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Landworks Farm Evolves

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This article comes from the NOFA/Massachusetts 2013 December Issue Newsletter

Suzy Konecky, NOFA/Mass Beginning Farmer Program Coordinator

Kathleen Geary and her partner David run Landworks Farm together in Petersham, Massachusetts. They grow a diverse array of mixed vegetables for their farm stand, a farmers’ market in Petersham, and the North Quabbin Community Co-op. Kathleen and David share the work of running the farm; they both plant, weed, and bring the produce to market.

Kathleen and David enjoy growing the gamut of vegetable crops, but are considering a change for future years. They are toying with the idea of changing their business model to a storage crop CSA, focusing primarily on growing winter vegetables. One reason for the change is that it would help Landworks Farm fill a niche in their local foodscape, while moving away from a heavily saturated market of summer vegetables. “There is kind of a glut of farmers’ markets right now,” says Kathleen. There are three markets on Saturdays in the three towns that touch Petersham, and one on Thursdays in Orange. The wide availability of fresh produce from these markets is wonderful for eaters, but can be challenging for producers. Going to the farmers’ market in Petersham is a lot of time and energy for a small return. Transitioning to a new business model would allow Kathleen and David to produce vegetables and market them a new way. They are only having the preliminary discussions about this, and will spend the winter assessing the potential benefits and drawbacks of the idea.

Kathleen is a mentee in the NOFA/Mass Beginning Farmer Mentorship Program and feels lucky to have a mentor to bounce ideas off of and to help guide her as she makes these decisions. Kathleen’s mentor is Julie Rawson, who farms at Many Hands Organic Farm in Barre, MA. Kathleen has turned to Julie with many questions and ideas. Julie shared her crop-planning schedule, which was useful for Kathleen to see, especially as she contemplates this change on her farm. Kathleen and Julie have also talked about labor, which is a big piece of the overall farm puzzle for Kathleen and David.

Currently the two of them run the farm alone, but they are considering other labor arrangements. They will possibly hire someone to work part time, or perhaps have an apprentice work with them. They currently have friends helping out in a volunteer capacity, but they don’t want to ask too much of them. Kathleen shares that when her brother came to visit this summer she put him and his wife to work weeding for an entire morning. She says, laughing, “perhaps that isn’t really the best model.” Julie has worked with many different labor structures at Many Hands and is able to give Kathleen an honest perspective of the benefits and challenges of different structures.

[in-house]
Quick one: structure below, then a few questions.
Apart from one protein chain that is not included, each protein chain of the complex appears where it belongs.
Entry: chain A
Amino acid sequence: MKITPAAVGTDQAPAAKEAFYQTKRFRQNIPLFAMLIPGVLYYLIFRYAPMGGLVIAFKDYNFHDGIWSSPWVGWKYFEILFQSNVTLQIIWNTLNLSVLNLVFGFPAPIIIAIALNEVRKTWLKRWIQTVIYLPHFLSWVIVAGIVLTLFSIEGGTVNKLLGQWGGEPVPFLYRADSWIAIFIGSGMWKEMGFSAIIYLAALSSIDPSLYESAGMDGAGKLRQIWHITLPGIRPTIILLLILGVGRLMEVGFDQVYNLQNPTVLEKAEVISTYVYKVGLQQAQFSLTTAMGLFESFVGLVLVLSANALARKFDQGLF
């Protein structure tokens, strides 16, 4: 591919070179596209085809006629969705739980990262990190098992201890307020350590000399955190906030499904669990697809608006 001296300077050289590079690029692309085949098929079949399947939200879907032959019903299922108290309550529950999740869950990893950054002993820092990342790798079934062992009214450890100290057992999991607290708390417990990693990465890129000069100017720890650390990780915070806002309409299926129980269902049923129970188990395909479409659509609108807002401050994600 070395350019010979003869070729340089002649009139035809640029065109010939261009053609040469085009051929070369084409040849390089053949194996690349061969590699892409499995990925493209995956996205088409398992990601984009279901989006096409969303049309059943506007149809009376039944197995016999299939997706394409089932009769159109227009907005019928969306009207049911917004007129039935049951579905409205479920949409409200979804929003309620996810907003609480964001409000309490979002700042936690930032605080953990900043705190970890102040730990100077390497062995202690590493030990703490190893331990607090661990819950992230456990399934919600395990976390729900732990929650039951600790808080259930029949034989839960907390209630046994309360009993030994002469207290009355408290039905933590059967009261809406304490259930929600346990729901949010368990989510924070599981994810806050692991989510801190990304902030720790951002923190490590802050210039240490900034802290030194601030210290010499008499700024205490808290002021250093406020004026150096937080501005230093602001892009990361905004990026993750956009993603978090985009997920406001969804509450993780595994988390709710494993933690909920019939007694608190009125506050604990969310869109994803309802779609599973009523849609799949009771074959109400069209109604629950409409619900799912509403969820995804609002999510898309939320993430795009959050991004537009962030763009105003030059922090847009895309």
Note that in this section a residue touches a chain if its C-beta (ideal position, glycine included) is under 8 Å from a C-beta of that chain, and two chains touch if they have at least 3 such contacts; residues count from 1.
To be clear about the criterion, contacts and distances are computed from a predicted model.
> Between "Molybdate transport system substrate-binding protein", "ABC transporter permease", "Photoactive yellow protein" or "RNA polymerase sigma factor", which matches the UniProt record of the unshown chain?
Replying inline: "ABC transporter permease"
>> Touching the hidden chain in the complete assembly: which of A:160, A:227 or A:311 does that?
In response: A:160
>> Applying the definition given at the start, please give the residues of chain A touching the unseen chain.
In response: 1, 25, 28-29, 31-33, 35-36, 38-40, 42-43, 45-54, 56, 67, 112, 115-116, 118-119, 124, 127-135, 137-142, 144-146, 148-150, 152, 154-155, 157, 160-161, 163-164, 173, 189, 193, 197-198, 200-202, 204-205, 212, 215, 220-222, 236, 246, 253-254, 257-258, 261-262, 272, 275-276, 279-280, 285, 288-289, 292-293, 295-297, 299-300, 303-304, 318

As a mentee in the Beginning Farmer Mentorship Program, Kathleen was able to use her $100 voucher (given to all mentees for NOFA/Mass events) to attend Michael Kilpatrick’s seminar on farm profitability. Michael Kilpatrick encourages farmers to figure out the cost per row foot of the produce they are growing, “which I found stunning and scary,” says Kathleen. Now Kathleen is combining what she learned from Michael Kilpatrick with what she learned at last year’s Advanced Growers Seminar and is looking at all her notes. She is intrigued by the idea of creating a more careful record keeping system with regards to planting schedules. Currently Kathleen and David keep track of the money that comes in, but they don’t keep track of the production process and timeline. “This is what I have taken from both years at the Advanced Growers Seminar, a record keeping system is needed and it doesn’t have to be fancy.” Creating a simple system will help Kathleen and David evaluate how they can make efficient changes on the farm so that it can better meet their goals.

Kathleen and Julie have also discussed infrastructure related issues, such as irrigation. Right now Landworks Farm doesn’t have any irrigation. In 2012 when it was extremely dry they filled a sap tank with water that they pumped from an old well and drove it around on a trailer in order to be able to irrigate a few fields. The system was not ideal and they are exploring different options going forward; Kathleen is especially interested in a gravity fed system.

Checking in regularly with Julie is helpful because Julie’s years of experience inform the guidance she offers to Kathleen. Kathleen is in the process of figuring out what is reasonable for her and David to expect of themselves, given their other work and obligations. They are not only assessing what additional labor might look like, but what is reasonable to ask of themselves, how much time and effort they have to put into this operation, and how to optimize the time and energy that they do have. A mentor is a great person to bounce ideas off of, whether it is for a change in farm business planning, or specific questions about irrigation or pest management.

Finally, Kathleen appreciates the Beginning Farmer Mentorship Program because of the chance to connect with other farmers who are coming to agriculture a bit later in life. She shares, “there are a lot of kids in their twenties...not that there is anything wrong with the young whipper snappers,” but it is helpful to meet others who are coming to it later, and see how people manage and balance it all. “I appreciate the program, and the opportunity to have organization around that.” NOFA/Mass is NOW accepting applicants for the 2014 Beginning Farmer Mentorship Program. To find out more about the program, please visit us online at: mentoring and consider applying NOW. Please contact Suzy Konecky at with any questions.


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